Joe Biden introduced the breadth of his political coalition to a nation in crisis Monday night at the Democratic National Convention, giving voice to victims of the coronavirus pandemic, the related economic downturn and police violence and featuring both progressive Democrats and Republicans united against President Donald Trump’s reelection.
In taped excerpts released before the convention opening, former first lady Michelle Obama, wife of the nation’s first Black president, vouched for Biden’s empathy and experience. And the ideological range of Biden’s many messengers was demonstrated by former presidential contenders from opposing parties: Vermont Sen. Bernie Sanders, a self-described democratic socialist who championed a multi-trillion-dollar universal health care plan, and Ohio’s former Republican Gov. John Kasich, a conservative who spent decades fighting to cut government spending.
The former vice president won’t deliver his formal remarks until Thursday night, but he made his first appearance just half an hour into Monday’s event as he moderated a panel on racial justice, a theme throughout the night, as was concern about the Postal Service. The Democrats accuse Trump of interfering with the nation’s mail in order to throw blocks in front of mail-in voting.
“My friends, I say to you, and to everyone who supported other candidates in this primary and to those who may have voted for Donald Trump in the last election: The future of our democracy is at stake. The future of our economy is at stake. The future of our planet is at stake,” Sanders declared.
Kasich said his status as a lifelong Republican “holds second place to my responsibility to my country.”
“In normal times, something like this would probably never happen, but these are not normal times,” he said of his participation at the Democrats’ convention. He added: “Many of us can’t imagine four more years going down this path.”
The unified message came as Democrats launched the first presidential nominating convention of the coronavirus era. The all-virtual affair was the first without a central meeting place or cheering throngs. And there were real questions about whether the prime-time event would adequately energize the disparate factions Biden hopes to capture.
Republicans face a similar challenge next week.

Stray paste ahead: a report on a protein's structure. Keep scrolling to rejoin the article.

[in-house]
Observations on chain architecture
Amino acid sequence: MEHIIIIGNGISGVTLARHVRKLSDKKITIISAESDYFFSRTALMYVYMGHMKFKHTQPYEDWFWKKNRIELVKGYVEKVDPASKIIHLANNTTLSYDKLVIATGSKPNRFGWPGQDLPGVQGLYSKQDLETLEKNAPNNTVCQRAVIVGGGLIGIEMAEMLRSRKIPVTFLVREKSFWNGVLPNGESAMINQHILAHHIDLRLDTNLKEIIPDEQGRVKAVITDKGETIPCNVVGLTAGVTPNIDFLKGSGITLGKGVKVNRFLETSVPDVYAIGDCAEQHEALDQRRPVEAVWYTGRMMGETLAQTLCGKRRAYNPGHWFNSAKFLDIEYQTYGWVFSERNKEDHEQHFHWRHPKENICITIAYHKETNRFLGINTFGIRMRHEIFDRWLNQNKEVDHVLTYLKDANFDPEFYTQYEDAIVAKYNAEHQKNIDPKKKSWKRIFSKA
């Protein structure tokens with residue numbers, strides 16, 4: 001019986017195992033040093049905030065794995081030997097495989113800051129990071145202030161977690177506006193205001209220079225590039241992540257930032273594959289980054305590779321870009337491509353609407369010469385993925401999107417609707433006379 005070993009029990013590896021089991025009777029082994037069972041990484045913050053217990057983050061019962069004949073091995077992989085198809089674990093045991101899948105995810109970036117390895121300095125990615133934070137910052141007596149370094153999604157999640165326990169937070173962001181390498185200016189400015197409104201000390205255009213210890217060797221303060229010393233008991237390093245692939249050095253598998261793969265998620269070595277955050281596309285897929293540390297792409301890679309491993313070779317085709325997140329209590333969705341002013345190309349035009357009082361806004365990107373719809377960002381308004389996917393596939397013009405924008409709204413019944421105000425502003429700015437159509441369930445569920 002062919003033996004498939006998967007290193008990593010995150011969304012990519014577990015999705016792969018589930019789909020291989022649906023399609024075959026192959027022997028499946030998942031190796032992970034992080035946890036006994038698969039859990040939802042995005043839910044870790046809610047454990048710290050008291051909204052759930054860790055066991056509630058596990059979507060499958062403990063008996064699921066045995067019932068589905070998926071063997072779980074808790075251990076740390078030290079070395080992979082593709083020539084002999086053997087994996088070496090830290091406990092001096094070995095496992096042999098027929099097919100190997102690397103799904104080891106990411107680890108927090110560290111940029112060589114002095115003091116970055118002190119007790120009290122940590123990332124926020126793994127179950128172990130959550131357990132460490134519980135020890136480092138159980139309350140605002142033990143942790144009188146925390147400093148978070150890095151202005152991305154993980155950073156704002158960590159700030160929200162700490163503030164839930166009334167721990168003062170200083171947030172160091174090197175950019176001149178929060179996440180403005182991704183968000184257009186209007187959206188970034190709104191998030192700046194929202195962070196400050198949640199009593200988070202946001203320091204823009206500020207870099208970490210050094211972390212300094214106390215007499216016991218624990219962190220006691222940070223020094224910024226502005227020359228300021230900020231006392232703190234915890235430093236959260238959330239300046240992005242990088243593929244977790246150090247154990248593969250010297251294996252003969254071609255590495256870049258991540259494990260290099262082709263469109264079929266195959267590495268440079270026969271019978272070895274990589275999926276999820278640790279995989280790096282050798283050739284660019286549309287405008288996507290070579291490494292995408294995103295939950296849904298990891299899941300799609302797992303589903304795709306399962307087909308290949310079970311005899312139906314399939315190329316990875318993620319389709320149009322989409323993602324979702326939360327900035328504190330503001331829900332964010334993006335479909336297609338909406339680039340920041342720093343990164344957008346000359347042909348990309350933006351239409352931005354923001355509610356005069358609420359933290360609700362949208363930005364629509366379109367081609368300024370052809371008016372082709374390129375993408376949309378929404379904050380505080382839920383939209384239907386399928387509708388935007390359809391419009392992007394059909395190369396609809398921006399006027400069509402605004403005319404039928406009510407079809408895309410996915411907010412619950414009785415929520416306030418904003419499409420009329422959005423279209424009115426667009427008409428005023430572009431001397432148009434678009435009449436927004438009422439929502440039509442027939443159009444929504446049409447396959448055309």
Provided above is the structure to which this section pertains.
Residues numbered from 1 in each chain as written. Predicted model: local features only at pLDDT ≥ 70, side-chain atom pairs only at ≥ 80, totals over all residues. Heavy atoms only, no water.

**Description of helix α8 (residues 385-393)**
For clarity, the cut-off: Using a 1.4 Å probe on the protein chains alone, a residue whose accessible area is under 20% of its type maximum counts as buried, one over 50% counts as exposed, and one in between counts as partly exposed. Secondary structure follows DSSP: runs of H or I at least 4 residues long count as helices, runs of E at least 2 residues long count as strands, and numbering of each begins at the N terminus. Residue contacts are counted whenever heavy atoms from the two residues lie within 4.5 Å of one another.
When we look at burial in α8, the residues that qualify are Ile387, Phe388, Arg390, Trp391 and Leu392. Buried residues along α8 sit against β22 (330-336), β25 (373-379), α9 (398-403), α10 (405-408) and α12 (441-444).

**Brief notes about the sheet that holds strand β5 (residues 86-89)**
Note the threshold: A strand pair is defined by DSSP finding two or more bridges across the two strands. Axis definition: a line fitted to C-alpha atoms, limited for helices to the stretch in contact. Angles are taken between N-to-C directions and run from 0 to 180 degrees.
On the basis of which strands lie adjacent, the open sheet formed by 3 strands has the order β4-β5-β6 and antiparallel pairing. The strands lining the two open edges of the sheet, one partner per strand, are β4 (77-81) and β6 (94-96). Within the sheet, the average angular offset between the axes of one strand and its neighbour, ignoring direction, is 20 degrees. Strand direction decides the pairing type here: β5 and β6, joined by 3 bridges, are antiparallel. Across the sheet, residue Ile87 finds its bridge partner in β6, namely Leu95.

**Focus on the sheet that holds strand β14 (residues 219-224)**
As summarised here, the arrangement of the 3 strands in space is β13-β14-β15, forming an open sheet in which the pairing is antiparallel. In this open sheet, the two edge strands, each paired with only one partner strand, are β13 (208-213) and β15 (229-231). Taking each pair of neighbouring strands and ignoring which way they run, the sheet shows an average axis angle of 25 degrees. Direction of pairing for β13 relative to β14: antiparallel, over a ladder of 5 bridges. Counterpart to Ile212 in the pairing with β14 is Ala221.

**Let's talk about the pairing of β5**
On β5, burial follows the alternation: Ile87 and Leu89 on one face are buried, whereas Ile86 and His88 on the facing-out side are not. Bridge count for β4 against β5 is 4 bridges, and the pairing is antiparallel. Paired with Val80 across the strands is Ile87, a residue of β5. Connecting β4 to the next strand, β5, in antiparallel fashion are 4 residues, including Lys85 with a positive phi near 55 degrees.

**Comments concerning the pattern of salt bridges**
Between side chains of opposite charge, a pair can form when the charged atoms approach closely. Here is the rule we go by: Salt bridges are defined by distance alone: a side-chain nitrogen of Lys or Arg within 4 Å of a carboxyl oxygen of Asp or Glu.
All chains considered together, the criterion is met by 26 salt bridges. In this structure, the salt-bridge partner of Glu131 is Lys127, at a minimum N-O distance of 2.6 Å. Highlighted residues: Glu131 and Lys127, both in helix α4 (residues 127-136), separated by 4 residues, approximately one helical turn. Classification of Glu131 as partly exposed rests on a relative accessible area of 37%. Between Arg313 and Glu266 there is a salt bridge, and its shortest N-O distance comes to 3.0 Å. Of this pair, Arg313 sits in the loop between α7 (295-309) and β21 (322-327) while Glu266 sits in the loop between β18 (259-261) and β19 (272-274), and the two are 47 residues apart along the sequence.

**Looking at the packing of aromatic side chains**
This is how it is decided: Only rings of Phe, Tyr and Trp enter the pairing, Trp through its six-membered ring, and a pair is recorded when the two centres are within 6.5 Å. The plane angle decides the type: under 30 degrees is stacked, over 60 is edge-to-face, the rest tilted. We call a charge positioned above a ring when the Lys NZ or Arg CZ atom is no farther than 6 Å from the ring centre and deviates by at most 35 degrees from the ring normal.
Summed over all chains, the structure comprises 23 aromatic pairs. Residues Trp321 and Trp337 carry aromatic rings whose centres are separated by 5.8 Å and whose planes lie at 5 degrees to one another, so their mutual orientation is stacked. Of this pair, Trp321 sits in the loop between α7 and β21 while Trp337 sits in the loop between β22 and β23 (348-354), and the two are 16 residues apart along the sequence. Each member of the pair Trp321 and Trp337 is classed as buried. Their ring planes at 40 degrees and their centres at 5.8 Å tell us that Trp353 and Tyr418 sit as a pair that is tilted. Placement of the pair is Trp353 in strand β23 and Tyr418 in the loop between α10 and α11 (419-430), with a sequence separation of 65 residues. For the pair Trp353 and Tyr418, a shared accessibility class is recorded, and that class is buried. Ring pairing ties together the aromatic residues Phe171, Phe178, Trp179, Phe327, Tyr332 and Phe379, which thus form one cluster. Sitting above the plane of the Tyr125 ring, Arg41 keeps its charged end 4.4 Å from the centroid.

Monday’s speeches were framed by emotional appearances from average Americans touched by the crises that have exploded on Trump’s watch.
Philonise and Rodney Floyd led a moment of silence in honor of their brother, George Floyd, the Minnesota man whose death while in police custody sparked a national moment of awakening on racial injustice.
“George should be alive today,” Philonise Floyd said matter-of-factly.
Democrats abandoned their plans for an in-person gathering in Milwaukee because of the pandemic. The unprecedented gathering is not only testing the bonds of the diverse Biden-Kamala Harris coalition but the practical challenges of running a presidential campaign in the midst of a pandemic.
Biden will accept the nomination Thursday night in a mostly empty ballroom in his home state of Delaware. California Sen. Harris, the first Black woman on a national ticket, speaks Wednesday.
Michelle Obama, whom Gallup determined was the nation’s most admired woman last year, described Biden as a “profoundly decent man” in a video excerpt of her remarks recorded at least six days earlier.
“He was a terrific vice president,” she said of the man who served for eight years as her husband’s No. 2. “He knows what it takes to rescue an economy, beat back a pandemic and lead our country.”
The former first lady appeared in a video sitting alone in a quiet room with a sparsely decorated shelf, a burning candle and a small blue Biden sign behind her.
With no live audience for any of the speakers, convention organizers were forced to get creative in their high-stakes quest to generate enthusiasm. There were live appearances from speakers in Texas, South Carolina, Wisconsin and Michigan, but many of the speeches that aired Monday night were prerecorded.
It was impossible to fully gauge America’s interest in the all-virtual format on the first night.
Trump, as he often does, was ensuring he’d be a part of the conversation.
Trump sought to undermine the Democrats’ big night by hosting a political rally in Wisconsin, where Biden’s party had originally planned this week’s convention. He called the Democrats’ event “a snooze” before it even began.
The Republican president made two swing-state campaign appearances on Monday, first in Minnesota and then in Wisconsin, which was to be the location for the Democrats’ convention before the coronavirus outbreak.
Trump said he had “no choice” but to campaign during the convention in order to address voters in the face of what he described as hostile news media.
“The only way we’re going to lose this election is if the election is rigged,” Trump said in Wisconsin.